When my younger brother and I were kids, we loved to play on our parents’ queen-size bed. We enjoyed pretending we were trees that were about to fall. We stood on the foot of the bed and yelled, “Timber!” as we flopped backwards. The following poem is about how cutting down trees can bring change. It was published in Wordgathering in September of 2008.
We heard the workmen next door,
as we got ready for our day.
Lying down, we put on his pants,
one leg, then the other,
rolled, pulled, rolled, pulled
till they were up as far as they would go.
Sitting on the side of the bed,
we removed the sweaty t-shirt
that covered him while he slept.
His arm encircled my waist.
We tugged, laughed,
swore till it was over his head.
One arm, then the other,
it was off.
On went the sweatshirt,
one sleeve, then the other,
over his head it went.
All the while,
chain saws whined.
Branches and limbs fell,
bringing change, welcome or not.
Abbie Johnson Taylor
Author of We Shall Overcome

Racing in the Rain

The Art of Racing in the Rain by Garth Stein was The New York Times best selling book in 2008. I recommend this to anyone who likes a good man and dog story. It’s told from the dog’s point of view. Since dogs can’t be everywhere humans can, they’re only able to guess what happens in certain situations. Such is the case with Enzo, acquired as a puppy by race car driver Dennis Swift. After purchasing Enzo from a puppy farm, Dennis marries Eve, and they have a daughter, Zoie. When Dennis isn’t racing, he works as a sales representative at a car dealership. As Zoie grows older, his racing career takes him away from home more often, and this becomes a source of contention between Dennis and Eve.
When Zoie is five years old, Eve is diagnosed with terminal brain cancer. Enzo senses the onslaught of this disease years earlier but being a dog, he can’t warn her. Besides, as he points out, Eve wouldn’t have wanted to know since she refused to see a doctor when she first developed headaches, nausea, vomiting, and mood swings.
When Eve is hospitalized and given only six to eight months to live, her parents, who never liked Dennis and blame him for not forcing Eve to seek medical attention earlier, do what they say is best. They insist Eve and Zoie live with them. They set up a hospital bed in their living room and hire nurses around the clock. Dennis agrees to let Zoie live with her mother and grandparents only because he thinks Zoie should be with her mother for as much of her remaining time as possible. He has no idea what Eve’s parents have up their sleeves.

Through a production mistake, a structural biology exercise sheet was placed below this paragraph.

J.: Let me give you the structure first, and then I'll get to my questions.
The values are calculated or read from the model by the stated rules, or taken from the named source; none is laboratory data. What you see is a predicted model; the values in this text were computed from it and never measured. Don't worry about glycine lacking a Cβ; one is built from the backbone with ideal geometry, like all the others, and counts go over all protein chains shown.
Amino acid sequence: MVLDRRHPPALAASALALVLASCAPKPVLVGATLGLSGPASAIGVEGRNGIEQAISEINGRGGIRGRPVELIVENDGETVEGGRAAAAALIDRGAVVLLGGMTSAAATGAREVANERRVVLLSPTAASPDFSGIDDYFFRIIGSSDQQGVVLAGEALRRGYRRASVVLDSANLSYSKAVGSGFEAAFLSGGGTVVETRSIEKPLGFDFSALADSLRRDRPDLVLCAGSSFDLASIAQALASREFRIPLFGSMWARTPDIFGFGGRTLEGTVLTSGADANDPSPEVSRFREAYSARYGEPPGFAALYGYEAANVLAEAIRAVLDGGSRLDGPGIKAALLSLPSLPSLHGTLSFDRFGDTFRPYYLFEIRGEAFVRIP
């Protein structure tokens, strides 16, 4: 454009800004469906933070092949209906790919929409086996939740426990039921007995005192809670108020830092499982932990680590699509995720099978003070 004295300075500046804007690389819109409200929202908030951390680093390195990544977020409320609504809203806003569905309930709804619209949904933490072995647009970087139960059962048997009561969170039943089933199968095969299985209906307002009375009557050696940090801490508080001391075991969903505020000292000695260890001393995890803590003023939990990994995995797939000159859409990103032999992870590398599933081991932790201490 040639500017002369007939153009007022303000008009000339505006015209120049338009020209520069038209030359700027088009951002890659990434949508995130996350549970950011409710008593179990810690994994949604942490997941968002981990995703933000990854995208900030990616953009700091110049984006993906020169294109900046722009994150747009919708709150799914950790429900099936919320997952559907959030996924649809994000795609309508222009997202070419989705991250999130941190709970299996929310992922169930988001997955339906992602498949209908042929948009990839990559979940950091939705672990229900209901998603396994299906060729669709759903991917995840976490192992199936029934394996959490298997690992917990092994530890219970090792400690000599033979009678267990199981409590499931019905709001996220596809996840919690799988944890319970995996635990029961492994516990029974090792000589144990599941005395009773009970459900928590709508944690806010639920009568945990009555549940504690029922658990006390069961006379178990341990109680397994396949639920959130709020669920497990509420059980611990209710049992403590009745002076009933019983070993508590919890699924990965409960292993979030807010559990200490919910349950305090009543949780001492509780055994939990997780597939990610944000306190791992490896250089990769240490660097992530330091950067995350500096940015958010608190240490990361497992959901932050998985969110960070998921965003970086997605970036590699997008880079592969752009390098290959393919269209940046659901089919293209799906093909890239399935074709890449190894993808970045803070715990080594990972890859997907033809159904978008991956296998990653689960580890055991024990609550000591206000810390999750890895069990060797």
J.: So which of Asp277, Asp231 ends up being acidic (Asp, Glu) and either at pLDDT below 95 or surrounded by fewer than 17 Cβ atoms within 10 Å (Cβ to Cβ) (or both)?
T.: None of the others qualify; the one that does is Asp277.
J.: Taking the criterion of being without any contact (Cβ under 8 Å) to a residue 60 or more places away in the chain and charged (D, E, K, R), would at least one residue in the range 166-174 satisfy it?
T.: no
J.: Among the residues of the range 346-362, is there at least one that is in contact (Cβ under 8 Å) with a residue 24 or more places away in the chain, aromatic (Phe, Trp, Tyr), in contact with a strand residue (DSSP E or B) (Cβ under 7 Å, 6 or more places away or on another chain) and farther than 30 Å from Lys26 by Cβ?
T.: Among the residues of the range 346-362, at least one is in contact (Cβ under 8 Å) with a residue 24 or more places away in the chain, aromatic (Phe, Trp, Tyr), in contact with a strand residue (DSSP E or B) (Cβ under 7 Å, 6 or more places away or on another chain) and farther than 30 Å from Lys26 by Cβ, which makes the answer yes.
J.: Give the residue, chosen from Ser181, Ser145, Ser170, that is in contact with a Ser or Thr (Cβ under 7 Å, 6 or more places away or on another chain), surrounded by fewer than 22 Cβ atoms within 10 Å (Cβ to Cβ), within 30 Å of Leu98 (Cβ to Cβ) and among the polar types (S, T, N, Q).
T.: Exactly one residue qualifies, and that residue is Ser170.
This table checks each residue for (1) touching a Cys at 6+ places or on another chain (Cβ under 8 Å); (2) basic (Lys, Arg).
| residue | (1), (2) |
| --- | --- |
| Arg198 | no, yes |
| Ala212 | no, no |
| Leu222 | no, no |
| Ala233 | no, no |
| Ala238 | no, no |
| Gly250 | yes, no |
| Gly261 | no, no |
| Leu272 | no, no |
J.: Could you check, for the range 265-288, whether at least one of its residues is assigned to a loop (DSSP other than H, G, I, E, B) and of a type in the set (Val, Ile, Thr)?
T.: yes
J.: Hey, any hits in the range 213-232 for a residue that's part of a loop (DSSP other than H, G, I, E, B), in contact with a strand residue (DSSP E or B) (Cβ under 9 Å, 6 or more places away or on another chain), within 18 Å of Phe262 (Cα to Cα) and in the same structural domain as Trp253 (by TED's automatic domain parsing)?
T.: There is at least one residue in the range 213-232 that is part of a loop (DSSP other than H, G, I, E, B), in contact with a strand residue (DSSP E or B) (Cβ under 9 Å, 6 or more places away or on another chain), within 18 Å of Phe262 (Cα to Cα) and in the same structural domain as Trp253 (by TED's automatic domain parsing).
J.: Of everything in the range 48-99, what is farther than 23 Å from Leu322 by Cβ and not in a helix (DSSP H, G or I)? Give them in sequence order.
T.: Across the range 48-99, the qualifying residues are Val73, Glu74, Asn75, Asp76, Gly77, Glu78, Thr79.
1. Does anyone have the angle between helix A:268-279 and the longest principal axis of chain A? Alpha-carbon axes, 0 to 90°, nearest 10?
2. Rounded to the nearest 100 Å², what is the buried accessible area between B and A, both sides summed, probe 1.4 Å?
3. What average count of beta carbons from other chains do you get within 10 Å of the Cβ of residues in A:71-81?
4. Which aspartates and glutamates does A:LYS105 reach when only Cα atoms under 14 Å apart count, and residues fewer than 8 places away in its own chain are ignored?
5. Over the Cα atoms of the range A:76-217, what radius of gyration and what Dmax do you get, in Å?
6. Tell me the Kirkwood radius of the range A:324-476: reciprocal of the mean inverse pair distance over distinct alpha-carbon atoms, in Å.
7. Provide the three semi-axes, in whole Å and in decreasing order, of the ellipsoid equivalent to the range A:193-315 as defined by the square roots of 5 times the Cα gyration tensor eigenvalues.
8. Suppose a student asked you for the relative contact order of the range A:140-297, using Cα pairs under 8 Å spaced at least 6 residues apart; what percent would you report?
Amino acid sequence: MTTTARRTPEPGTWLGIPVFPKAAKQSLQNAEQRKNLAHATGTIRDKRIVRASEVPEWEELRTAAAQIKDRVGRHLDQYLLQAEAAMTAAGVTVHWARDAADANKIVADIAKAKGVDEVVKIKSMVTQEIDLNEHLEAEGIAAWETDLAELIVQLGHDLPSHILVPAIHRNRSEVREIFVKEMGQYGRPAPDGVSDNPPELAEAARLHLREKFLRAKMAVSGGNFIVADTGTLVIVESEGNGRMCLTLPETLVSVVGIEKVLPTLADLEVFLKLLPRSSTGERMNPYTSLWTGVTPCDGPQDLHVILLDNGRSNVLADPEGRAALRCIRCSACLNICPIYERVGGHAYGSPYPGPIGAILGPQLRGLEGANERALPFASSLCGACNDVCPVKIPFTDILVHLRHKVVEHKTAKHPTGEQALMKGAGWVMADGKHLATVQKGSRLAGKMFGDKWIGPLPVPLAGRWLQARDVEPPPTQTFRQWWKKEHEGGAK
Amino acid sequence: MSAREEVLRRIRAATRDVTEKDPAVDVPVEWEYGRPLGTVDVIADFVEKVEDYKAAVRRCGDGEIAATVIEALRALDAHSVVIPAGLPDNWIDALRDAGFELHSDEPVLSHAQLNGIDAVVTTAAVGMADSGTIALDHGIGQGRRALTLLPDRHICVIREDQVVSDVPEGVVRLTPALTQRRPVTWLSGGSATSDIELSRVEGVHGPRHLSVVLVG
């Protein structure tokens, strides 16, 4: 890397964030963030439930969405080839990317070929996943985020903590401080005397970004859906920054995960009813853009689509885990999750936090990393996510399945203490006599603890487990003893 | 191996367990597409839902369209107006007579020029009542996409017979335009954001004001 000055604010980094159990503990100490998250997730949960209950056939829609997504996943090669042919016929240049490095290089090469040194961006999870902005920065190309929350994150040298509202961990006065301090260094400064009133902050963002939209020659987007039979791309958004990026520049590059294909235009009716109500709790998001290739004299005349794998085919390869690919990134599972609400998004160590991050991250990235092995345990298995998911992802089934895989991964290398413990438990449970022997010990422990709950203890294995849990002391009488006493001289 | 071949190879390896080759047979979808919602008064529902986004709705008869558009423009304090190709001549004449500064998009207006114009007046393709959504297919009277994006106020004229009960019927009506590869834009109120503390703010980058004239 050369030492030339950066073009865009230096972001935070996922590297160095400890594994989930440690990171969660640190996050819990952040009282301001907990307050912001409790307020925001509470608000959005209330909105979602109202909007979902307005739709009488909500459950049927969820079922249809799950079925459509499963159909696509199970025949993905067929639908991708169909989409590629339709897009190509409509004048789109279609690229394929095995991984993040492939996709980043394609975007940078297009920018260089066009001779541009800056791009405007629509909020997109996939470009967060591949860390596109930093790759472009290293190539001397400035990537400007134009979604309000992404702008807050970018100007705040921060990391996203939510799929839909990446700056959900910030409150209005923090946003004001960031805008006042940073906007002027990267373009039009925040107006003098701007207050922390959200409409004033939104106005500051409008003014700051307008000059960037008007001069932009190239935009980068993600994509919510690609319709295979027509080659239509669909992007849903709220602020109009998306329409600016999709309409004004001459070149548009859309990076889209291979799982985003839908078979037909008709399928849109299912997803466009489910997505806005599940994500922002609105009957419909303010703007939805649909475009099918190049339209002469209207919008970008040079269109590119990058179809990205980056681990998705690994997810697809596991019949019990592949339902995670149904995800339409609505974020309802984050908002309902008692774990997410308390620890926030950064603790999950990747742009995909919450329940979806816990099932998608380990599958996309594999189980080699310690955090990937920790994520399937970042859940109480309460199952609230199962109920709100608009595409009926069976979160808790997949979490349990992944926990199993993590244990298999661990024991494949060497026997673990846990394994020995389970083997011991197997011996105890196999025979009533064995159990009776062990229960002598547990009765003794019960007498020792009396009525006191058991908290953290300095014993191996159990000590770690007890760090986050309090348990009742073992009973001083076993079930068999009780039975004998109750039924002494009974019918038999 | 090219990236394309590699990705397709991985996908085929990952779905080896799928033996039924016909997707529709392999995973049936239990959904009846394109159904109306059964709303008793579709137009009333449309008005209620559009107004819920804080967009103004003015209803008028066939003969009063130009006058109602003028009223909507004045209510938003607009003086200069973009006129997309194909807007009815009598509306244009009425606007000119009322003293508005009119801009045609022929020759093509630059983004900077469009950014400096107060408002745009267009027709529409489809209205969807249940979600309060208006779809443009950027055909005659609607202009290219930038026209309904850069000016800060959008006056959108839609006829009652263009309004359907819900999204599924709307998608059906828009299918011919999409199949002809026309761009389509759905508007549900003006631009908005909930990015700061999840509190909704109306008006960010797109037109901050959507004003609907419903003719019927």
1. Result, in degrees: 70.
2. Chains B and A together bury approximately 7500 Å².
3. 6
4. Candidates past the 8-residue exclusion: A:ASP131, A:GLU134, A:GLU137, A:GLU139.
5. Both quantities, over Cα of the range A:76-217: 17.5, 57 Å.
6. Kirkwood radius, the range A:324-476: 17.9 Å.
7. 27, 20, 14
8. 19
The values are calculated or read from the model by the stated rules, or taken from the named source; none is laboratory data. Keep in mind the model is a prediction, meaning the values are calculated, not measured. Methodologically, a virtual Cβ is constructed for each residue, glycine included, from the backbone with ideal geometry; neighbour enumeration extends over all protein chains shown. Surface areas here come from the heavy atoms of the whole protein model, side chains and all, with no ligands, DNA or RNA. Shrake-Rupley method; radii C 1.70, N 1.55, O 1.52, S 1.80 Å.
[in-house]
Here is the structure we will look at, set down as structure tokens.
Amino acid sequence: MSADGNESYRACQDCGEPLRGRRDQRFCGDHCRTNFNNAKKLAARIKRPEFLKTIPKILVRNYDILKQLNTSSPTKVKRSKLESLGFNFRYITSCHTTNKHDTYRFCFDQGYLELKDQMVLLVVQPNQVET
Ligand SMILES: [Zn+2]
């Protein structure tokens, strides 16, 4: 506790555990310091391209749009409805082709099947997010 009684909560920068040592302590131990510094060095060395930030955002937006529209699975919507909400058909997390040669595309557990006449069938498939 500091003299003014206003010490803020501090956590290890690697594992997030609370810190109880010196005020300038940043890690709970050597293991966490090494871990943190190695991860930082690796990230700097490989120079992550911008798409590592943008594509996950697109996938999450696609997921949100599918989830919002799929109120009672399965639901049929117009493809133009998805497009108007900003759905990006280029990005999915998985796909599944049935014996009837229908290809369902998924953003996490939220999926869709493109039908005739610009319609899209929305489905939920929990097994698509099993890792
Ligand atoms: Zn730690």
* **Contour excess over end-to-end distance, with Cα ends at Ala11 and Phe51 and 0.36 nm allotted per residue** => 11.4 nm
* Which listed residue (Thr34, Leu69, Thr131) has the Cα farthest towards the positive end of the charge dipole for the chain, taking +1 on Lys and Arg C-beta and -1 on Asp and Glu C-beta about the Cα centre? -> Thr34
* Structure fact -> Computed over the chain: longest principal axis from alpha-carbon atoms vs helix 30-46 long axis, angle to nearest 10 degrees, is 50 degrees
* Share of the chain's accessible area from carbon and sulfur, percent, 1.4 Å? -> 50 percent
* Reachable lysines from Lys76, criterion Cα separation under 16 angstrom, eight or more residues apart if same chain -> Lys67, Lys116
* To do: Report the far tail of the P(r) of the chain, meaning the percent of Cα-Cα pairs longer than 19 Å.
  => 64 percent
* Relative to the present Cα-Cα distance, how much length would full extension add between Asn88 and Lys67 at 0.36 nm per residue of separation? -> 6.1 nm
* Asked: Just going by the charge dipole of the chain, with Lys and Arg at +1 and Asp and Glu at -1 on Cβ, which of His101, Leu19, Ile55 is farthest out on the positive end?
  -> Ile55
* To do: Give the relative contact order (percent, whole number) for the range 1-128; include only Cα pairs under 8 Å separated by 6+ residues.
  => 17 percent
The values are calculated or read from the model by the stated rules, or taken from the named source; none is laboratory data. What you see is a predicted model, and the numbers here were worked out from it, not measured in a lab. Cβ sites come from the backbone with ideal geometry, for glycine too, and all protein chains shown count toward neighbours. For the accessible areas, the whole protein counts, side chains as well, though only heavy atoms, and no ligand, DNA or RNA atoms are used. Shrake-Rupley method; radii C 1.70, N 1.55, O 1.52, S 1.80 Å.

On the day Eve dies, Dennis is slapped with a lawsuit from her parents for custody of Zoie. The next day, he is arrested for raping Eve’s fifteen-year-old cousin while driving her home from a family gathering. Enzo has witnessed the so-called rape, but because he’s a dog, he can’t reveal the truth to anyone except in a dream where he testifies in court with the help of a speech synthesizer.
Thus follows a three-year court battle. At one point, Dennis is ready to sign an agreement in which he relinquishes custody of Zoie in exchange for the clearing of the rape charges against him, but Enzo snatches the papers and pees on them, and Dennis decides to keep fighting. It takes a miracle to exonerate Dennis and reunite him with Zoie.
In the end, Enzo’s health declines after he is hit by a car. On the day Zoie is to return home to her father, he dies, satisfied that he has lived a fulfilling life. He is reincarnated as a little boy who loves car racing. To learn more about Garth Stein and his writing, visit http://www.garthstein.com/bio.php
Abbie Johnson Taylor
Author of We Shall Overcome

Magnets and Ladders

I’m currently working with a group of other disabled writers on our very own Web magazine which is now up and running. Magnets and Ladders contains prose and poetry by disabled authors such as myself. One of my stories appears in the first issue which contains pieces that were published in 2007 in our anthology entitled Behind Our Eyes.  I’ve already posted “The Flower Boy” here so I’ll just leave a link to where you can read the magazine. You’ll find more information about our anthology here. http://www.magnetsandladders.org/files/spring11.html Enjoy!
Abbie Johnson Taylor
Author of We Shall Overcome

Julie and Julia, the Book

This is the true story of Julie Powell’s adventures in what she calls cooking dangerously. In the movie, she was portrayed as an insurance agent, but actually, in 2002 when she cooked her way through Julia Child’s Mastering the Art of French Cooking in 365 days and blogged about it, she was working for Lower Manhattan Development Corporation. Her project earned her a lot of attention, not just from those reading her blog. She was repeatedly admonished by her boss not to give the name of the agency either in her blog or in interviews with the media. Either the agency thought her project a source of embarrassment or they just didn’t want to be mentioned. However, they were noted in the Wikipedia article at http://en.wikipedia.org/wiki/Julie_Powell